By law, all multilevel marketing companies are required to have a buyback program that offers a 90% refund if you change your mind within a year. So why is LuLaRoe bring sued?
Case: Lemberg, Laurence, Bluder, & Stuckart v. LuLaRoe, United States District Court, Central District of California, Case number: 5:17-cv-02102.
Who should pay attention to this case?: All LuLaRoe Retailers who were Retailers between April 1, 2017 and September 13, 2017 and either attempted to return product for 100% and free shipping and or purchased additional inventory during that time and will now not get a 100% refund.
Case allegations: Unlawful, Fraudulent, and Unfair Business Acts and Practices, Untrue or Misleading Advertising, Unjust Enrichment, Breach of Contract, Breach of the Covenant of Good Faith and Fair Dealing, and Conversion.
All but the last allegation revolve around the claim that LuLaRoe created a policy upon which Retailers relied when making purchases or returning their inventory for a refund and then did not honor that policy. The last allegation essentially accuses LuLaRoe of theft.
How did this all come about?
LuLaRoe retailers started leaving the company in droves. Whether it was the change in the compensation plan, the constant issues with product quality, the jump in the number of retailers, or the repeated issues with new launches, they were done. However, they did not want to spend money to return their products to the company, so they started having “Going Out of Business” (GOOB) sales.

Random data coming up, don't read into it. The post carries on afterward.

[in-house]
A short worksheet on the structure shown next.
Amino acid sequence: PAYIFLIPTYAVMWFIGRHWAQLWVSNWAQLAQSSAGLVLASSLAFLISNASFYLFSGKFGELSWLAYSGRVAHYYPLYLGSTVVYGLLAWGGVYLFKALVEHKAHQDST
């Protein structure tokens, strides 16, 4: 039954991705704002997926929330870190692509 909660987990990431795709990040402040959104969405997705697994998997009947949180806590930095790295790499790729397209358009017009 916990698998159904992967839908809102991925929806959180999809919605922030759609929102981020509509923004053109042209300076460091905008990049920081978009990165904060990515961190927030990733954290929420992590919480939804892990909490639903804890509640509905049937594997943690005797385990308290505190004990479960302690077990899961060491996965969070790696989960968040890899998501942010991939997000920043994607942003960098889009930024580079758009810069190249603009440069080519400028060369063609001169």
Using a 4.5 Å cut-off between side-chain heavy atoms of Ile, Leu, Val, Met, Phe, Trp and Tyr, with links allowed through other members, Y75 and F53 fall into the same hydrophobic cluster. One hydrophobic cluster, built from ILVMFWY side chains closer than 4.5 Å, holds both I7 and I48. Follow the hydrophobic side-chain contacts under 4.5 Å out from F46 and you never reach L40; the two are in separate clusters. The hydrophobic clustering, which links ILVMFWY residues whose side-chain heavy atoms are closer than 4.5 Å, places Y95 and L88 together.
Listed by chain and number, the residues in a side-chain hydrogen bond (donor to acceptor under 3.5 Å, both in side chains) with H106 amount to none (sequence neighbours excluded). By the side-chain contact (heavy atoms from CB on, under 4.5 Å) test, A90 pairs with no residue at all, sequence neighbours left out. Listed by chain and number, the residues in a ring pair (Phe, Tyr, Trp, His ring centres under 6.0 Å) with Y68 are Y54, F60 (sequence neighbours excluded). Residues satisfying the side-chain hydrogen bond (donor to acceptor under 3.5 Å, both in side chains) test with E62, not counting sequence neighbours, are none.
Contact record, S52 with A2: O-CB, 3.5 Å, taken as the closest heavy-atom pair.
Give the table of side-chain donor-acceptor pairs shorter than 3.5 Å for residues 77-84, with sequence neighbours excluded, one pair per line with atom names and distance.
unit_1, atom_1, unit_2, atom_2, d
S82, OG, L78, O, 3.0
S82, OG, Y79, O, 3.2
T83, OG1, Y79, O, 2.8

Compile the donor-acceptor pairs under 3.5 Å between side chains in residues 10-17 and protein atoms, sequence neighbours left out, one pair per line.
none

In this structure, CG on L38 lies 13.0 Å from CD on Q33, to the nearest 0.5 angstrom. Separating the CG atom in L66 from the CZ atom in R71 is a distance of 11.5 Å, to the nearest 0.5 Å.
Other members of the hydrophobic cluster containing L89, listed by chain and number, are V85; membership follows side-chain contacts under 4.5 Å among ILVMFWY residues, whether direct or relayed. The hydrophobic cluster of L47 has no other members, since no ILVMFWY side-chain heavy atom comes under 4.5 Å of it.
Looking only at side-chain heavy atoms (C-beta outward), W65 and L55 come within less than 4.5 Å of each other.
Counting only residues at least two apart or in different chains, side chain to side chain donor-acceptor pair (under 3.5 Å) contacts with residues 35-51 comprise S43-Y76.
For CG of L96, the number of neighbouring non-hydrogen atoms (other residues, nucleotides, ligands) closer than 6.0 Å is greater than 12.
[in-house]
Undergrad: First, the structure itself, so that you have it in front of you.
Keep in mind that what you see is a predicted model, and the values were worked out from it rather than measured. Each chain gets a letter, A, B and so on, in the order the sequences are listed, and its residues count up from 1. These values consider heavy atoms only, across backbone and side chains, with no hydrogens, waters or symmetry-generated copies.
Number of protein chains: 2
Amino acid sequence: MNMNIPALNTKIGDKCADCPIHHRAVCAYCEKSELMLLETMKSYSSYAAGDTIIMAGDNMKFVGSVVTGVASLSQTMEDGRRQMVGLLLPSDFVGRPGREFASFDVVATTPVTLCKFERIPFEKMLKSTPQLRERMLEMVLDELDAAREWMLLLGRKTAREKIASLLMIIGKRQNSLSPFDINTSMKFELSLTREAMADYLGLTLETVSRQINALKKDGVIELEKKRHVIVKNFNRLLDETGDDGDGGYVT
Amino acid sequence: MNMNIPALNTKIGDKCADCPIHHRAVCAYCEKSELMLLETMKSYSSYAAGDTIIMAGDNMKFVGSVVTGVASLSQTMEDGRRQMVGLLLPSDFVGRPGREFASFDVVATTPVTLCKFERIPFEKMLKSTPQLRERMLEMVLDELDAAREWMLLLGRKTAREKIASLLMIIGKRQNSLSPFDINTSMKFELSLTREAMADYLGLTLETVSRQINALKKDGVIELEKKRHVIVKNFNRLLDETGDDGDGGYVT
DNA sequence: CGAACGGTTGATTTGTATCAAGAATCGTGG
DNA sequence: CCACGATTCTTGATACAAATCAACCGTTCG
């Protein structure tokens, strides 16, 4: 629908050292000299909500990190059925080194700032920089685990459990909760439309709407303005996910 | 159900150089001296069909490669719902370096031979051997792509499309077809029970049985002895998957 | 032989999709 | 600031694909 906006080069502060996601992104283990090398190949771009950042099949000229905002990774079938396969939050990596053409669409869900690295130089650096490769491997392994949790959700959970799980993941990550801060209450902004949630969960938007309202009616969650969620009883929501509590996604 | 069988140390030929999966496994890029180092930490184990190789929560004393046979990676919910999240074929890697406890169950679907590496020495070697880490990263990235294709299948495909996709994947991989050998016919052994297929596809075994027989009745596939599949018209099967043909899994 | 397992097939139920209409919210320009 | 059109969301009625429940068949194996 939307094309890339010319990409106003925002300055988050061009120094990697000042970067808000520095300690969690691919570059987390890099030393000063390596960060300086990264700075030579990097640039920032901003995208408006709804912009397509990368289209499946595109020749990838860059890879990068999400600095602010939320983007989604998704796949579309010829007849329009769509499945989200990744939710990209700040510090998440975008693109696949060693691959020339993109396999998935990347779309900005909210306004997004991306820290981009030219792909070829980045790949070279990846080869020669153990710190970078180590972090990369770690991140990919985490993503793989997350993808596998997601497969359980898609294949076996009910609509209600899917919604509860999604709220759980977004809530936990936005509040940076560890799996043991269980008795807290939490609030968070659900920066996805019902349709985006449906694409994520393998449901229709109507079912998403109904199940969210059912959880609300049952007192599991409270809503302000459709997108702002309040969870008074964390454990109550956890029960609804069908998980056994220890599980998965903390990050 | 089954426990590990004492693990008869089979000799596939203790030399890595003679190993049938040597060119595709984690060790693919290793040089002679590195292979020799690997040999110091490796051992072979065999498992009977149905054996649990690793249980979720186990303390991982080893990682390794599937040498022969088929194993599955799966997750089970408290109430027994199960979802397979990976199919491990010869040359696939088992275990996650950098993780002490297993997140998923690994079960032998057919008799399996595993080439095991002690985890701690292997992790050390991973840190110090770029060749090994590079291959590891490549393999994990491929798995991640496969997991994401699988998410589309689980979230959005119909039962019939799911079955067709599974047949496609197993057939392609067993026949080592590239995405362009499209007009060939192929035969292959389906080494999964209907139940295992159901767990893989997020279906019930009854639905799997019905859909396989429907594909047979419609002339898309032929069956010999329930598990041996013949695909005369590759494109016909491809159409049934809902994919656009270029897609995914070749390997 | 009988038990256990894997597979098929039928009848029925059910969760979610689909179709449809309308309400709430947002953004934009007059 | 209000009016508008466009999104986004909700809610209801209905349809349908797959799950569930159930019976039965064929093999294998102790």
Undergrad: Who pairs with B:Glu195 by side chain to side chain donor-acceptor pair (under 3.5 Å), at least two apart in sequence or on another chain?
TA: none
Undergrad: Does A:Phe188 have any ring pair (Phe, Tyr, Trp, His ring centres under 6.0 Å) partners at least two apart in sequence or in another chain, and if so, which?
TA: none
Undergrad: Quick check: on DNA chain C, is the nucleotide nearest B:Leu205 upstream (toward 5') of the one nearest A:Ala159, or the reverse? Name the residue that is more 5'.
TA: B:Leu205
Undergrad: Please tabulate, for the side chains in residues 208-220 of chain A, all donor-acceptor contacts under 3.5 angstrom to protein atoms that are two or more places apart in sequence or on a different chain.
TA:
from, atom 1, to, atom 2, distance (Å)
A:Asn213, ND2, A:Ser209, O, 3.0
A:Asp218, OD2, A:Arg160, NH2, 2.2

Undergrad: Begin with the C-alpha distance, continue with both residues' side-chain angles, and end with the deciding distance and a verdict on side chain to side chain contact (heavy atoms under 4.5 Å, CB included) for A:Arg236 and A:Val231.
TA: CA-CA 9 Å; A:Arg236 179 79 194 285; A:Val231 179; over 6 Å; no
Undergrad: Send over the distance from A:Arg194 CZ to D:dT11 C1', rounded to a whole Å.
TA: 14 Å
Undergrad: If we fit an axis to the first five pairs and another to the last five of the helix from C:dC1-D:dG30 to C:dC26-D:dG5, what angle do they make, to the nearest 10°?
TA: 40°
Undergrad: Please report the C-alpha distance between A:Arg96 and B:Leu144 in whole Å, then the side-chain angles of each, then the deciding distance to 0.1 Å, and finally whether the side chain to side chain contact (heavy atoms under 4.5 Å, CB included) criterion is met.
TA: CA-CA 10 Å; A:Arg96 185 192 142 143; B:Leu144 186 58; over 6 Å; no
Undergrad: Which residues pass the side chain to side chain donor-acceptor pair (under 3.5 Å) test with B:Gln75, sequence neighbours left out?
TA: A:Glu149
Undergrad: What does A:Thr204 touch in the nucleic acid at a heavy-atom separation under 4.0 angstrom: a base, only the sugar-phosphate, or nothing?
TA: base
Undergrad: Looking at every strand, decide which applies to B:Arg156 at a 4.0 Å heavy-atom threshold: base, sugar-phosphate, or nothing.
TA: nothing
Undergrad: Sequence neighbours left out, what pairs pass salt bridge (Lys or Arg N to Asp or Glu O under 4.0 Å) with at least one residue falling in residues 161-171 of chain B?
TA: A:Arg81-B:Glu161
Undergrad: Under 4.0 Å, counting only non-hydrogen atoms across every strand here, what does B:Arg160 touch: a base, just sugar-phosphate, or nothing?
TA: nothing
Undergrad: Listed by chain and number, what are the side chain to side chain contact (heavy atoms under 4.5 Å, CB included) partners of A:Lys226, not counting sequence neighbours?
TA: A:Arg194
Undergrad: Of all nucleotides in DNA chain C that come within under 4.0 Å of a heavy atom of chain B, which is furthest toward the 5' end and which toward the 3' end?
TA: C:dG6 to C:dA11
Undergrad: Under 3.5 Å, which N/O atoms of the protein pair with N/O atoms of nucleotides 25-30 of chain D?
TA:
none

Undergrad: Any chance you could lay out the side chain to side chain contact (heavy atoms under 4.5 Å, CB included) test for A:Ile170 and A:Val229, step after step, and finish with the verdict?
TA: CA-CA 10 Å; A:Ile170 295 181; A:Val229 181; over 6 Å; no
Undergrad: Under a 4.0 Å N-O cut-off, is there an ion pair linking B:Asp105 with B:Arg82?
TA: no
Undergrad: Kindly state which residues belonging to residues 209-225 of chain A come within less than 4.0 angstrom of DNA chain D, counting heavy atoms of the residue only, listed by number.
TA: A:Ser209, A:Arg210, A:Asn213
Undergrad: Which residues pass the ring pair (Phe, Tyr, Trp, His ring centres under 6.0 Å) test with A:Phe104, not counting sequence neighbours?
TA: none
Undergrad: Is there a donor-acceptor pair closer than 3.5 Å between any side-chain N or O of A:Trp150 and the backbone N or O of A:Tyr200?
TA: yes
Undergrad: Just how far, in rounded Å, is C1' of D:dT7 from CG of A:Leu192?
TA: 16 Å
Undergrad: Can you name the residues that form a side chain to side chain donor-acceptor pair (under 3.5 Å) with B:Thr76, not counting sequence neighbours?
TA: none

Whether publicly advertised or not, GOOB sales obviously affect the Retailers trying to stay in business. To prevent the brand from being devalued by the lower prices offered by Retailers leaving the company, LuLaRoe instituted the 100% buyback policy. They offered free shipping and a 100% refund on the product returned by resigning Retailers.
LuLaRoe then announced that they would no longer honor the 100% buyback, blaming unscrupulous Retailers who were taking advantage of the program. Instead, the policy became refunds for products purchased only from LuLaRoe (not other consultants), within the last year, that they considered salable. Additionally, Retailers had to pay for shipping. LuLaRoe alone determined whether a product was something that could be re-sold. If not, they retained the product.
Basically, LuLaRoe could decide they didn’t want to refund the money and then keep the product for their own purposes – a write-off for donations or they could re-sell it for profit after it had already been paid for. This is the essence of unjust enrichment.
LuLaRoe had a policy until late 2016 that they would take back any product a Retailer sent back, less a 15% restocking fee. Without providing a reason, they rescinded that policy.
This resulted in Retailers with a lot of inventory (after all, they’d been incentivized to buy more and more product) that they could not sell at a discount without risking LuLaRoe terminating their contract (because another Retailer reported them to the compliance department).
The laws regarding multilevel marketing practices are regulated for exactly these reasons – to level the playing field between independent consultants and the more powerful companies.